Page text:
April 7th, 2014
On my Facebook page I wrote the following in reference to Dave Their’s article Microsoft Shows Off ‘Power Of The Cloud’ With Azure Servers
Anyone who enjoys video games should be aware of this.
Xbox fans, our time is coming.
I always believed PS4 architecture was different from Xbox One. This was not based on sophisticated engineering knowledge, as this information was easily found on websites who had taken apart the internal workings of both consoles. Instead there was one fact that allowed me to believe that Microsoft was going to create a much different piece of hardware than Sony, and it had everything to do with Azure.
Tom Ess, a commentator on the article, wrote:
Another rigged Microsoft demo, just like Bing. Just like anything these losers demo, there’s no factual point and no truth to it. Are they trying to say that a cloud connected machine is faster than one that uses local storage here? Wtf?
These were the types of comments from those who believed they understood technology. Was I alone in my perspective on the cloud? Thankfully, I wasn’t. Here is a response to Tom Ess‘s post by Karthik R:
Can you please explain what you mean by ‘rigged’? Do you have the necessary data to backup that “there’s no factual point and no truth to it”. Don’t just blurt out just for the sake of it.
Think of it this way: There is a farm of machines that can side-load some heavy computations, like physics and AI, in the cloud and send the results back to the client whose sole job is to render stuff based on the results. No matter how much CPU/GPU power that you have, you’ll always have less cores than the cloud farm (which can parallelise and do wonders that individuals can only dream about).
The only drawback that you can attribute to cloud computing is network bandwidth and if you plot the bandwidth improvements in the past decade you can very well say – things are only going to improve going forward.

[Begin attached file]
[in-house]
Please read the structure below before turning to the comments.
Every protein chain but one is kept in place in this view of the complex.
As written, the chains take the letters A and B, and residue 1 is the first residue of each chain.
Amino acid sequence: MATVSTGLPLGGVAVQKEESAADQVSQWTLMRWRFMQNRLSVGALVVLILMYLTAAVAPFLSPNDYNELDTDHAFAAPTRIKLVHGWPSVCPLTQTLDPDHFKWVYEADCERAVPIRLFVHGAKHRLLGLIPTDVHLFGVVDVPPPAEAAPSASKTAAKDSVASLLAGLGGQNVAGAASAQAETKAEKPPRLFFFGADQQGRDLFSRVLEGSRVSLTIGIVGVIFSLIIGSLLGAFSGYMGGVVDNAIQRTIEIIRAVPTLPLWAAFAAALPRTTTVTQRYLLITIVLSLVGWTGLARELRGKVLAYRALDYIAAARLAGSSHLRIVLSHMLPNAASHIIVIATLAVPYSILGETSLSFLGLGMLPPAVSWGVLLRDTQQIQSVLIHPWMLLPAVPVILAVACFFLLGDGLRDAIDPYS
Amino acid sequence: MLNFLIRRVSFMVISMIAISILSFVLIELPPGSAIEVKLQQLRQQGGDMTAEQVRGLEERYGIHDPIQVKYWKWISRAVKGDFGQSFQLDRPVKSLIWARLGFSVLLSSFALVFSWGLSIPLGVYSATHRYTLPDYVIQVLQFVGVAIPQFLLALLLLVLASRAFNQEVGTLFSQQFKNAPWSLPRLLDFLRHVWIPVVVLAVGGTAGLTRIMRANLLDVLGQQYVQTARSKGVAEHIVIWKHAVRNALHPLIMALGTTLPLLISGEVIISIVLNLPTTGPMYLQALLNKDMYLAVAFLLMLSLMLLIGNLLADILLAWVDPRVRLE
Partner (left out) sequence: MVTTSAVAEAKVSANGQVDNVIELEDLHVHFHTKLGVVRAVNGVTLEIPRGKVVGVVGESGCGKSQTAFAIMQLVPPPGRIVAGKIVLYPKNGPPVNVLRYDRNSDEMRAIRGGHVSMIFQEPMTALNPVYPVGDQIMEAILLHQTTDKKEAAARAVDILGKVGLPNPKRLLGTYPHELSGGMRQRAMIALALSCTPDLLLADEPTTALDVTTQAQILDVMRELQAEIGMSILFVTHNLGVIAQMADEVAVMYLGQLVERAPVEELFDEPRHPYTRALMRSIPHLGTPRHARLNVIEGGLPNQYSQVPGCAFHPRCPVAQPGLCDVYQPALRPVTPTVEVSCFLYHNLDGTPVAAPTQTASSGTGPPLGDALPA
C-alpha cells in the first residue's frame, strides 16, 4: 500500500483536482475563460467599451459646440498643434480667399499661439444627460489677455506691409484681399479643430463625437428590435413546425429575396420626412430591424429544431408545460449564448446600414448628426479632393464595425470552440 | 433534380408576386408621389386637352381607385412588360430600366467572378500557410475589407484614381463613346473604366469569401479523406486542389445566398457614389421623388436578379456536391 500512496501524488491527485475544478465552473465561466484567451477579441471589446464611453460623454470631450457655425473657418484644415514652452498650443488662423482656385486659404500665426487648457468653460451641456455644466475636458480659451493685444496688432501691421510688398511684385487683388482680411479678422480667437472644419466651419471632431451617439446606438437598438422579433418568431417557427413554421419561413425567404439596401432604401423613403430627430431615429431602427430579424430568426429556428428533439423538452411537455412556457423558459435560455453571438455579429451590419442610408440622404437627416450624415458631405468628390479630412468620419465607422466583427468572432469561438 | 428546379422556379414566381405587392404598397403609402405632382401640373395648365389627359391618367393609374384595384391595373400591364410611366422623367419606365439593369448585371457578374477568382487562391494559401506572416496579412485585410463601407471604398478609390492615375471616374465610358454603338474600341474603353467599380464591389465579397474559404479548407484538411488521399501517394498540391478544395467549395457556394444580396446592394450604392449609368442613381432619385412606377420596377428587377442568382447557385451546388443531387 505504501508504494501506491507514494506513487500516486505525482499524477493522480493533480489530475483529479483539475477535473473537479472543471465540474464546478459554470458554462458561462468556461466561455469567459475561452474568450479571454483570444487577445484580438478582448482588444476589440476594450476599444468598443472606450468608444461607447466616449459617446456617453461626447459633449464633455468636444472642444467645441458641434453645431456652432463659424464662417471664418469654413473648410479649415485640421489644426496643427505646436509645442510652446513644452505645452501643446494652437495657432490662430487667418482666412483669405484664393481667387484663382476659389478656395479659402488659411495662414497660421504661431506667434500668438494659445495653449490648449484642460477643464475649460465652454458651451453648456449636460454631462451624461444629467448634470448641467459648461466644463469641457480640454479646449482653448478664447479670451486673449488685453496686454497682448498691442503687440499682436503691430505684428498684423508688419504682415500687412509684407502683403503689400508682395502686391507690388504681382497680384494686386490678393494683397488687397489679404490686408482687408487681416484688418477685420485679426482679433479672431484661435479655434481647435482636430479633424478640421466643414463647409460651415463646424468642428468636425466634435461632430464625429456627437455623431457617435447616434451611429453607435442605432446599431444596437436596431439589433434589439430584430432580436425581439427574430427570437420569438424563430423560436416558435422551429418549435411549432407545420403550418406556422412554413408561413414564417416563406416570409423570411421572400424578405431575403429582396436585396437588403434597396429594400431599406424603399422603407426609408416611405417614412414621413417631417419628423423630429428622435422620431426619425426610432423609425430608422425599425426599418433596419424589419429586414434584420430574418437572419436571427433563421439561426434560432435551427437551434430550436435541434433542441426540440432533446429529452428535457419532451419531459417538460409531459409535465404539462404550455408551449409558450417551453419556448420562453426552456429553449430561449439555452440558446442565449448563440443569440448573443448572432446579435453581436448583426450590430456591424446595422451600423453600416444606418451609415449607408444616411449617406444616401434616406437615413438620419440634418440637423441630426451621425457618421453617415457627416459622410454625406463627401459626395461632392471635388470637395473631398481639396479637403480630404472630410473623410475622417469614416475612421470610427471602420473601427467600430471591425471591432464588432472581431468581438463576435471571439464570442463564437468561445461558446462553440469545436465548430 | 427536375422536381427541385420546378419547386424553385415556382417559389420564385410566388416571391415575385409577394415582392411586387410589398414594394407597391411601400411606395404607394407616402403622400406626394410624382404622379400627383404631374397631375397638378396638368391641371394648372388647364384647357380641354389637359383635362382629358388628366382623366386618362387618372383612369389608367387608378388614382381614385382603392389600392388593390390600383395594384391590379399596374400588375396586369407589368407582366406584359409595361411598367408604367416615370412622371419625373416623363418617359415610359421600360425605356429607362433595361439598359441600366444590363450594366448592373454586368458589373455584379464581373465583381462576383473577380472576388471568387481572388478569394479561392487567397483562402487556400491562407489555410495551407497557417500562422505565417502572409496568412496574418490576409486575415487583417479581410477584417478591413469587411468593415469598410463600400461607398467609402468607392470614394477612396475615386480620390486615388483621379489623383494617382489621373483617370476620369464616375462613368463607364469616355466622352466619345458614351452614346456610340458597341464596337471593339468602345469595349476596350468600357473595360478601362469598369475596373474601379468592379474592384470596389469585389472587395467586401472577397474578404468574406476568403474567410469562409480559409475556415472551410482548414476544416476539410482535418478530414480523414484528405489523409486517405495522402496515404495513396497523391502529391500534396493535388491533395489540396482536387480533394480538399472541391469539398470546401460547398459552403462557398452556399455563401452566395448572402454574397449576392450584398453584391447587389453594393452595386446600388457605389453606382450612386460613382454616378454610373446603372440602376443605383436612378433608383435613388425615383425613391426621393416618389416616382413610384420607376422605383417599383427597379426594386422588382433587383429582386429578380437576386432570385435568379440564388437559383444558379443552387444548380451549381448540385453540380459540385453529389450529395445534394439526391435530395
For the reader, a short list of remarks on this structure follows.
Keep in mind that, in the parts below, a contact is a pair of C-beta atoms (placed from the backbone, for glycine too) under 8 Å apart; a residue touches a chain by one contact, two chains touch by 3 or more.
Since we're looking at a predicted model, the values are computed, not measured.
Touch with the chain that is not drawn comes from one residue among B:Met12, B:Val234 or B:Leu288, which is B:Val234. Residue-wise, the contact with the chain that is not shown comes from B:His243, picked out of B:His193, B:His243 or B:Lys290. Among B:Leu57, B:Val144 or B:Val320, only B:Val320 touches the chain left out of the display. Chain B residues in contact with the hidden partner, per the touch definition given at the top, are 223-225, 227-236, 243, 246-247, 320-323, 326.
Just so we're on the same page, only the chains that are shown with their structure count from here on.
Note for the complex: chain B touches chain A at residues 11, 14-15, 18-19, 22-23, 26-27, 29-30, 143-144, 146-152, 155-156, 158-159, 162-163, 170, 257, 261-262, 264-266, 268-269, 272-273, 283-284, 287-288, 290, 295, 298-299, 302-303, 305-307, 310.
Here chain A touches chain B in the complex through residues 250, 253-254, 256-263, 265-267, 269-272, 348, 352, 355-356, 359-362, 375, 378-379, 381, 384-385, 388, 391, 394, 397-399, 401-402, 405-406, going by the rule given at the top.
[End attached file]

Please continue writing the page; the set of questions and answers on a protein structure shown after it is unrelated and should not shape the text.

If you have any doubts the best example Microsoft can showcase is ‘Titanfall’ where lots of computations happen on Microsoft Azure and it’s working fine, if you ask me, (based on the reviews on the net).
So I’ll ask you this – Do you think thousands of cloud connected machines are slower than your local rig? If you said “yes”, then please join some courses in Coursera to study cloud computing and how things are moving for the future.
Jason Jones decided to take a stab at Karthik R:
Karthik R, it’s rigged because they are lying.
The game has been reviewed on the PC on every single gaming site and some hardware sites are using Titanfall as a test on high end gaming cards and none of the top cards are dropping to such a low FPS.
So, they are using a low end card to make the Azure tests look better than they are. Cloud gaming has been around for a while now, it does not boost performance by much, many times barely noticeable.
But at least they are partly admitting that the One is so weak, it needs help to play games decently…too bad they have to try to make something else look bad to make it seem like they have a fix for it.
Also more proof that MS has changed its outlook of the PC to “trash” status.